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Why AMD is making Chromebook chips, and how it’s beating Intel at the entry-level

Yesterday, AMD made big waves in the Chromebook space by announcing its first processors for Google’s web-based operating system. The longtime chipmaker considers Chrome OS a growing market, and claims better performance than Intel at the entry-level.

Since 2011, Chromebooks have been powered by either Intel or ARM processors. The former dominates with Celeron and Pentium, as well as the higher-end i3, i5, and i7 chips on more premium devices, like the Google Pixelbook. Meanwhile, ARM has been represented by Samsung Exynos in the early days, but more interestingly the OP1 chipset certified and optimized by Google.

In an interview with AnandTech, AMD revealed that it is entering the space because it considers Chromebooks “an underserved but growing market.” The latter refers to both 8% compound annual growth and the rising average selling price of Chrome OS devices as more premium ones are released that run Android apps and support Linux.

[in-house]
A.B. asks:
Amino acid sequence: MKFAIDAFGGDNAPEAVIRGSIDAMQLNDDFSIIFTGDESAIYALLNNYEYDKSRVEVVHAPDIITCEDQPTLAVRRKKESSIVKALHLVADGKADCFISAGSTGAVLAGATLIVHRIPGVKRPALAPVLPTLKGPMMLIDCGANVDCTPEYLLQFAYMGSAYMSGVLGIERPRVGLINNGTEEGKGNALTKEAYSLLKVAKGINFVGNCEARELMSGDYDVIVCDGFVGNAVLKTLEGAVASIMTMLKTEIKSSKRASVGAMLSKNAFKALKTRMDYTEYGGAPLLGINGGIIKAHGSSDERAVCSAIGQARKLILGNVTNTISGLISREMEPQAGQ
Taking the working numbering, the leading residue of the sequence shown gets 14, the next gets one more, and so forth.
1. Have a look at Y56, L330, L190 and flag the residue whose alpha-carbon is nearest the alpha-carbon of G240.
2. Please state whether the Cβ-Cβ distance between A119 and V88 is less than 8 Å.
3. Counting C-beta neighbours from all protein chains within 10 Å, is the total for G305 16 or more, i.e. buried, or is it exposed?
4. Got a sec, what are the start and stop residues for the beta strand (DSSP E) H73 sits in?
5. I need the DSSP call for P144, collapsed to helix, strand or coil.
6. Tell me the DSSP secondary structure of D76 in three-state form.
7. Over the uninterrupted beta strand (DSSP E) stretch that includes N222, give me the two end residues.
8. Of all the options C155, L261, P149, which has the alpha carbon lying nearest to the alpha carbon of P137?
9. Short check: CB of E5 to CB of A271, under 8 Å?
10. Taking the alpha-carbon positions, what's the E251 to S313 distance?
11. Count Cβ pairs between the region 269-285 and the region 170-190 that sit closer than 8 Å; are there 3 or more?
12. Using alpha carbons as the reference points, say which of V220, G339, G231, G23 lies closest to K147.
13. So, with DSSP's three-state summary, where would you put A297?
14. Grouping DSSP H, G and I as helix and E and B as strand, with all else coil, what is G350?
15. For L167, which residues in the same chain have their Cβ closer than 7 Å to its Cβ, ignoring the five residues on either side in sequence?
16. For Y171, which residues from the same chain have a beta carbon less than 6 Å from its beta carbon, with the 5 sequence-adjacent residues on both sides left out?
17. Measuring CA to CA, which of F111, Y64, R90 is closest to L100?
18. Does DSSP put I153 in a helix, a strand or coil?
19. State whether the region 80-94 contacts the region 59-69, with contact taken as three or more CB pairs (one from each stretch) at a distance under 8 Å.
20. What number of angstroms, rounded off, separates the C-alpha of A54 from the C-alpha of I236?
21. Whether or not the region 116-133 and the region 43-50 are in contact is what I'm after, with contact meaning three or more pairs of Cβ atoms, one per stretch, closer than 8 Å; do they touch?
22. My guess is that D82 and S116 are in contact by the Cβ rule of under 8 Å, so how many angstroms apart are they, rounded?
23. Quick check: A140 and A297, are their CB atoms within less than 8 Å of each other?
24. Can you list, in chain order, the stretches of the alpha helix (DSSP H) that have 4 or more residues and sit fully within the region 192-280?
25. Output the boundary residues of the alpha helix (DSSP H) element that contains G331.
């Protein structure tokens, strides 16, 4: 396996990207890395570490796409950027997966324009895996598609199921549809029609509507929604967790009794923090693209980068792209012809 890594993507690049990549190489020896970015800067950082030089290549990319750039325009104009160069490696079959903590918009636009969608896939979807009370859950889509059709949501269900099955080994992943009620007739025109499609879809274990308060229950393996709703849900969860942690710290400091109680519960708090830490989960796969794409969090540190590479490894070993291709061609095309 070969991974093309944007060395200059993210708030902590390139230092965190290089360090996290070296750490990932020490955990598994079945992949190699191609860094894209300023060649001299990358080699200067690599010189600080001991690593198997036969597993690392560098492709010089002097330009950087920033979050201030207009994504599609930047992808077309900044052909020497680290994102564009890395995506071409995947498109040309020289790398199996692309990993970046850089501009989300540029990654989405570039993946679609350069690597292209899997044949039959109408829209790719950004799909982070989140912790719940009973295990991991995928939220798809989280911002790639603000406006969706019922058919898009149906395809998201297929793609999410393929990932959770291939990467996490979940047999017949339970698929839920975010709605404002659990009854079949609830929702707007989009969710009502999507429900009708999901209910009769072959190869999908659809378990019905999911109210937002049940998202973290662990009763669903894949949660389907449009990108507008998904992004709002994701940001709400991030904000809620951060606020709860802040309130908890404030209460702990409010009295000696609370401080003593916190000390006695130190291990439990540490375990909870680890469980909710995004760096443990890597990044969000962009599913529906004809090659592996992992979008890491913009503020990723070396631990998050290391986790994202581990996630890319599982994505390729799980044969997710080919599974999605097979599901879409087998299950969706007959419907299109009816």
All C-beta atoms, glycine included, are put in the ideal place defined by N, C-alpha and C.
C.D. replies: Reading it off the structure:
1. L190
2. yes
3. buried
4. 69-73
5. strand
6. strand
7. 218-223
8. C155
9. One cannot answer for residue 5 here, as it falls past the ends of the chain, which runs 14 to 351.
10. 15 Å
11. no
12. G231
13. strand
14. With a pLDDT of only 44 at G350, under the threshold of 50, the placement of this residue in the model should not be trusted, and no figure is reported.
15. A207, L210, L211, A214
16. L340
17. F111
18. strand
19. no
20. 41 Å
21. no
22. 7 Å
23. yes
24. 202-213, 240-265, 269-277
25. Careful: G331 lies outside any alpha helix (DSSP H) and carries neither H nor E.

AMD announced two chips yesterday for Chromebooks. This 7th Generation A6-9220C has a dual-core CPU with a base clock speed of 1.8GHz and “Max Boost” of 2.7GHz, as well as Radeon R5 Graphics. The A4-9120C has its dual-core CPUs clocked to a base speed of 1.6GHz with Max Boost to 2.4GHz and Radeon R4 Graphics.

On the performance front, AMD claims that the A6 beats the Intel Celeron N3350 and Pentium N420 found on many of today’s entry-level Chromebooks.

  • Up to 23% faster in web browsing (Speedometer 2.0)
  • Up to 13% faster in web applications (WebXPRT 3)
  • Up to 2.5x faster in email (PCMark for Android, Writing sub-test)
  • Up to 62% higher productivity (PCMark for Android, Work test)
  • Up to 33% faster in photo editing (PCMark for Android, Photo Editing sub-test)
  • Up to 34% faster in web gaming (Bullet Force on WebGL)

Meanwhile, both the Acer and HP models tout 10 hours of battery life and support H.265 4K decode, H264 1080p60 encode OpenCL 2.0, OpenGL 4.4, and Microsoft DirectX 12.


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